I have now made 61!jars of salsa and not sure it will get us through til next summers tomatoes! For the past month my family is eating 2 jars a week, and would eat it daily if I didn’t ration it! I got some extra tomatoes this week that I was going to just quarter and can, but made the last 13 jars instead since they love it so much! I usually share my canning with friends but they won’t get much of this!I highly recommend this recipe. We like the addition of bell peppers!
Using an immersion blender or food processor, carefully purée the salsa to a smoother consistency. In a food processor and working in batches, pulse 8 - 10 times and when all finished, return to the pot. Taste for seasonings and if too vinegary, add another tablespoon or so of sugar. If too sweet, add a little more vinegar to balance. Bring blended salsa back to a boil and simmer a few more minutes.
Some of the online recipes and comments totally scare me to think what some people are doing, either by direct choice or lack of canning knowledge, that endangers their families’ lives! There was a lot of unexplained illness and death in the old days that I think could be partly due to food storage issues. It’s the opposite of the Lottery–you want to be the 1 in a million to win the lottery, but you DON’T want to be the 1 in a million to win the botulism contaminated canning jar! Canning is one process that you MUST follow the safety rules whether you’re a natural rule follower or a rebel!

Made this today and it came out very good. Nice, easy recipe. I loved the tip about putting the tomatoes under the broiler for easy peeling, so much easier than dinking around with boiling water and ice baths. I am taking the lazy way out and freezing it in serving portions as I am all “canned out” for this summer. I used the rest of my garden tomatoes, which were a generic slicing type and tons of red grape tomatoes. I didn’t plant any romas this year as they failed last year.
I make a very similar salsa recipe and am very intrigued by your method of removing skins. To tell you the truth, I always leave the skins on (gasp!) because I hate peeling tomatoes, and can’t say I notice a difference in taste/texture, although maybe it makes the salsa more acidic? Salsa making/canning is the plan for today, and I’m going to try your oven method for the skins. Thanks, Mel!
I too tried this recipe and it was way too watery. I ended up cooking the salsa for another 20 minutes (total of 60 minutes simmering) and after it was cooled I ran it through the blender as the skins were still in the salsa and just kind of stringy. When I make salsa again I will likely cube or dice the tomatoes first and only add 1 cup of water at most.
A note on chili varieties: Mexican cuisine uses a wide variety of chilies with different names and characteristics – most of them essential to the final result of the dish they are used in. You should be able to rather easily acquire the chilies described in this (and future) post cheaply online. If you’re having trouble finding these chilies, I suggest you stick to a mix of Ancho (a mild, fruity variety) and Chipotle (a hotter, smoked variety). Both are readily available and this blend will still lend you quite a bit of the complexity.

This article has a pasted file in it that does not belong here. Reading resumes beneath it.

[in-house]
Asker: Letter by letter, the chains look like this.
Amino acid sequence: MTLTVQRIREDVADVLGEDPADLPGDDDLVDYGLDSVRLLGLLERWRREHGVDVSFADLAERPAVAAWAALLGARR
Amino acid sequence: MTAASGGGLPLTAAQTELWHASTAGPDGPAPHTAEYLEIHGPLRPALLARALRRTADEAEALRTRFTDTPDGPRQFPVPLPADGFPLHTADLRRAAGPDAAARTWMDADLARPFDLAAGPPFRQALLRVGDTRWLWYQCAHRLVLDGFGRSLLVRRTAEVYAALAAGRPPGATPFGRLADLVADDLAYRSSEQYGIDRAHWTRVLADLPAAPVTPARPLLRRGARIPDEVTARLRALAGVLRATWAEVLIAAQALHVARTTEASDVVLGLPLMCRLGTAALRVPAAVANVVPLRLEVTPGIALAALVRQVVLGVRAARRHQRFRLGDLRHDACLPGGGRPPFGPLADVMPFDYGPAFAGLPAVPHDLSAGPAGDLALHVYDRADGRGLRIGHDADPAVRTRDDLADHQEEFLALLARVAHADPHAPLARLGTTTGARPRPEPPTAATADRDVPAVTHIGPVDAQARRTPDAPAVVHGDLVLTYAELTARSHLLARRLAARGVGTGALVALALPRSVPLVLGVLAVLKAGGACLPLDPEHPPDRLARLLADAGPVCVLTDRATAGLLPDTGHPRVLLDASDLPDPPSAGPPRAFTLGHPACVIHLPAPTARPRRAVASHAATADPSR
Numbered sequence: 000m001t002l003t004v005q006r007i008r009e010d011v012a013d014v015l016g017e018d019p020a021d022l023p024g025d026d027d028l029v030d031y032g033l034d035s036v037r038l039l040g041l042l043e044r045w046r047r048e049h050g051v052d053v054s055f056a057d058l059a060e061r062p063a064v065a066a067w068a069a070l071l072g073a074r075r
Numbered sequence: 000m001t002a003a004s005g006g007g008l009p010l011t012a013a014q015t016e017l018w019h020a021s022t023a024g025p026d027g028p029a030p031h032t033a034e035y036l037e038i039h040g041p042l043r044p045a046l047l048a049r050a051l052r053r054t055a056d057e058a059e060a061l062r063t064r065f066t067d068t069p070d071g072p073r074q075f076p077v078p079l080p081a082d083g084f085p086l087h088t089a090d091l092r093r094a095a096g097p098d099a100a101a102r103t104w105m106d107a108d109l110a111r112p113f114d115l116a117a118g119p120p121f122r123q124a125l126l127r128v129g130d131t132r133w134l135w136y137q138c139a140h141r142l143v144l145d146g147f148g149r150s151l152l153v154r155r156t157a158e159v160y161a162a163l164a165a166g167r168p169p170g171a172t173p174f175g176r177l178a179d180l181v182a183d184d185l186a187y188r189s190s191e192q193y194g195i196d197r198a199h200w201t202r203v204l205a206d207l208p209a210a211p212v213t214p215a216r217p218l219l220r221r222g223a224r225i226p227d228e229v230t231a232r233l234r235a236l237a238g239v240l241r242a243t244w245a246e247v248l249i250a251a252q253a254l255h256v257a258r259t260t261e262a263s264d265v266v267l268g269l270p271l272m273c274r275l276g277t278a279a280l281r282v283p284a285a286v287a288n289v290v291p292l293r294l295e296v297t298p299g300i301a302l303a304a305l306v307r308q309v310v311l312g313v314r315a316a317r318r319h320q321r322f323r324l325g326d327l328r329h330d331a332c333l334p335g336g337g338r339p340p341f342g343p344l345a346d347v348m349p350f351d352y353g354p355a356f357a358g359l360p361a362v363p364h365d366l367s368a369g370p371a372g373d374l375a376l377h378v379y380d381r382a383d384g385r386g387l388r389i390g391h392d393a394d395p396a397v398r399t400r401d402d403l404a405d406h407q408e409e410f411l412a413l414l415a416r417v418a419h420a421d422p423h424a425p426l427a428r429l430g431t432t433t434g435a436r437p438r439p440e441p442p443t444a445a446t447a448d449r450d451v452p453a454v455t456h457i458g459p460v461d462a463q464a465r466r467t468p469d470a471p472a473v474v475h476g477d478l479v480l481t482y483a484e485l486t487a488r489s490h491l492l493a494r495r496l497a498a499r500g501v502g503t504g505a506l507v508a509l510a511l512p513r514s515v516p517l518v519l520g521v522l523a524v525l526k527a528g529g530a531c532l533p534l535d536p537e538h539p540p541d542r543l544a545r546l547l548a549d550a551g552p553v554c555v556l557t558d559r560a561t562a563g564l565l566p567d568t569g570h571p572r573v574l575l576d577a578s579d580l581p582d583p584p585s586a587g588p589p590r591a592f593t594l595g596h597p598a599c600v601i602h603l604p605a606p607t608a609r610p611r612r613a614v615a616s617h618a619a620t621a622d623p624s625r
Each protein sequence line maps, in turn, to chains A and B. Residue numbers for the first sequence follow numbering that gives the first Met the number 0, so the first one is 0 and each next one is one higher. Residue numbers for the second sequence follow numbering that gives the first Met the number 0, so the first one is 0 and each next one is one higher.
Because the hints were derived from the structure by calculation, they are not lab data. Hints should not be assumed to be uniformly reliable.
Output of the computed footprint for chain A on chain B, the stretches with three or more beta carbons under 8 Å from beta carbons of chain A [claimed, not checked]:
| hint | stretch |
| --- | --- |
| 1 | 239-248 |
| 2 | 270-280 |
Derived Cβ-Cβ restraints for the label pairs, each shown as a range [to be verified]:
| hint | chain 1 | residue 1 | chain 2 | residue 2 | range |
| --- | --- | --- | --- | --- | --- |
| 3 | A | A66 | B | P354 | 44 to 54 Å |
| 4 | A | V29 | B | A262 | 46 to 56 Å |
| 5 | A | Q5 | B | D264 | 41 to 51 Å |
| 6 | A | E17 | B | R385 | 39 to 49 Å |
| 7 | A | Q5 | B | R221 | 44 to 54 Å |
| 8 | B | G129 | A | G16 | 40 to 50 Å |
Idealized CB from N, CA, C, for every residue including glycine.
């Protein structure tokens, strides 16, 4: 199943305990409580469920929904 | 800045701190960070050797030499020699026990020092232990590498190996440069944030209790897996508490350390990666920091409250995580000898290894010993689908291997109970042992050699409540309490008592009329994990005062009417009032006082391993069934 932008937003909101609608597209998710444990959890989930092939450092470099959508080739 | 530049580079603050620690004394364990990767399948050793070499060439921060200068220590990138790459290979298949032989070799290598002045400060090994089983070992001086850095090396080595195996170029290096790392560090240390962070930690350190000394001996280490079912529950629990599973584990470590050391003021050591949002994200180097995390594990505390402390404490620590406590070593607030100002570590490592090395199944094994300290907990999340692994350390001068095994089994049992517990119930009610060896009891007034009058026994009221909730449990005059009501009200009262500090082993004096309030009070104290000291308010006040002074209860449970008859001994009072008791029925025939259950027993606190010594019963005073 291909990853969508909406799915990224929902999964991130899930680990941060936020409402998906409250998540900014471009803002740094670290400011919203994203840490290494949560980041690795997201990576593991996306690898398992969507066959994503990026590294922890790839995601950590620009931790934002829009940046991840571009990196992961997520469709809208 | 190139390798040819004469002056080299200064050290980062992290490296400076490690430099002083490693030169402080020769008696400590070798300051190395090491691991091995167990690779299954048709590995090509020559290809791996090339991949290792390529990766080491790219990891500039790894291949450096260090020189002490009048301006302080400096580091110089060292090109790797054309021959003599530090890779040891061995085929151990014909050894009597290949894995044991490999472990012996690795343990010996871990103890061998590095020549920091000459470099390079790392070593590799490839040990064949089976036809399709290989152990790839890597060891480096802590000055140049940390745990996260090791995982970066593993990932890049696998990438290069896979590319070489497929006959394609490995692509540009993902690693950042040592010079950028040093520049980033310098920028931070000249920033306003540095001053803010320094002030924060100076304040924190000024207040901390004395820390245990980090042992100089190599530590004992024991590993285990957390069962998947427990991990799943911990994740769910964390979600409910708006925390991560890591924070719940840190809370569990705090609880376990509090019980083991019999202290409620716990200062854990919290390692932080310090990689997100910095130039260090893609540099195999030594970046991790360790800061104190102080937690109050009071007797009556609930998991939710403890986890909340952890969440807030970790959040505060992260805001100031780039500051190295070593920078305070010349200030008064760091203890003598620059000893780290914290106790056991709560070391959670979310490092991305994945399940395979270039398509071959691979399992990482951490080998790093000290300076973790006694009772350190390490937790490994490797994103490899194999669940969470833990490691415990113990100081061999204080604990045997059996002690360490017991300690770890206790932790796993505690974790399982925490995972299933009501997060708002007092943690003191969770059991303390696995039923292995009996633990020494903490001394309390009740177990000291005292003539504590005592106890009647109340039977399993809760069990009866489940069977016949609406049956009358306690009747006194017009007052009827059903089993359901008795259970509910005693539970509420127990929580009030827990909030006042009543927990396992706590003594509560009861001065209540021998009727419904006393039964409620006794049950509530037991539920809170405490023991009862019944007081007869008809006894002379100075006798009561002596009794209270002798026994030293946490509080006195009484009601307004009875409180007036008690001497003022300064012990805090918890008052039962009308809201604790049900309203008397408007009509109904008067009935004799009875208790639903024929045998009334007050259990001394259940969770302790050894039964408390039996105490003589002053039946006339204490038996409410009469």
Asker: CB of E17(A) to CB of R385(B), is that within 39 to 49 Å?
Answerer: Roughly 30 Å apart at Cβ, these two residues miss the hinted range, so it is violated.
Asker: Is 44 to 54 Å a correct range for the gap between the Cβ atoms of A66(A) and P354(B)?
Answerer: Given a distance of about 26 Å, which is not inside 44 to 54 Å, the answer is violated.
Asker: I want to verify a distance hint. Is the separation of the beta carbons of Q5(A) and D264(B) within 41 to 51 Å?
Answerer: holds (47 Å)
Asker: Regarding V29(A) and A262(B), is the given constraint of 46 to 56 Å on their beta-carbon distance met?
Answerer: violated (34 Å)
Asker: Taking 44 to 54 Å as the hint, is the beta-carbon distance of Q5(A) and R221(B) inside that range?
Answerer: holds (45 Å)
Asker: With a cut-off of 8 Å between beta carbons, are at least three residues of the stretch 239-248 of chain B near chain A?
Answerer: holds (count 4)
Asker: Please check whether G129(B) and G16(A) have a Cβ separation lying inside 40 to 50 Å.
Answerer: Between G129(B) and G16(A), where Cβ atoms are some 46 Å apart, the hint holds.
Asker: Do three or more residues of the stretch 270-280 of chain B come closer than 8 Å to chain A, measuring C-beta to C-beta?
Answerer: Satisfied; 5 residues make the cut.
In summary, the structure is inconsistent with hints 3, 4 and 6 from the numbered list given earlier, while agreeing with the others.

It’s pretty good. I did like someone else and halved the vinegar and squeezed five limes into the mix. I gave it four stars because I’m not a big fan of vinegar in salsa recipes. More like 4.5 stars but there is no option. It’s better than store bought and holds up to dipping without dripping on a quality corn chip. I will make this again as it gave me eight pints which is convenient for my hot packing pot. So for a cold wimter night this recipe will find its way to snack and a movie. One thing I didn’t do was using a food processor, tnough I have them, because I wanted my pepper and onion bits to be sliced into little cubes for a more professional look or appeal. Got a really sharp thin six inch damascus steel Japaneese knife which is fun to use as it is precise and makes clean cuts. The bottles look great when packed. So overall, this recipe gets a big thumbs up. I have marked this recipe on my tablet for future use. Again….well done Mel.
The price of jars has gotten ridiculous. I blame the home decorating trend that uses mason jars. Whenever something gets trendy, prices go up. It used to be that I could pick up jars at the local thrift stores for 25 cents each. Now, they want a dollar or more for those same jars. I can buy new at the local hardware store for less than that. It drives me nuts.
Here is a link to the ones I use (NOTE: It’s an Amazon Affiliate Link – $$ for me!) – SET OF 2 — 24 Oz. Condiment Squeeze Bottles. It makes it feel that much more authentic. You can also serve this up as a salsa with some salted tortilla chips. The flavor is the same and honestly, it works as a simple salsa serving. This will easily last a week in the fridge, if you haven’t eaten it all.

Alright, enough talk. Let’s cook! Well, okay, one last thing before we get down to business. Please note that this salsa roja recipe uses whole, dried chilies which is my absolute preferred and highly recommended way of doing things. If, for whatever reason, you would like to use dried, ground chilies instead, you should add them near the end at step #7 in the recipe below.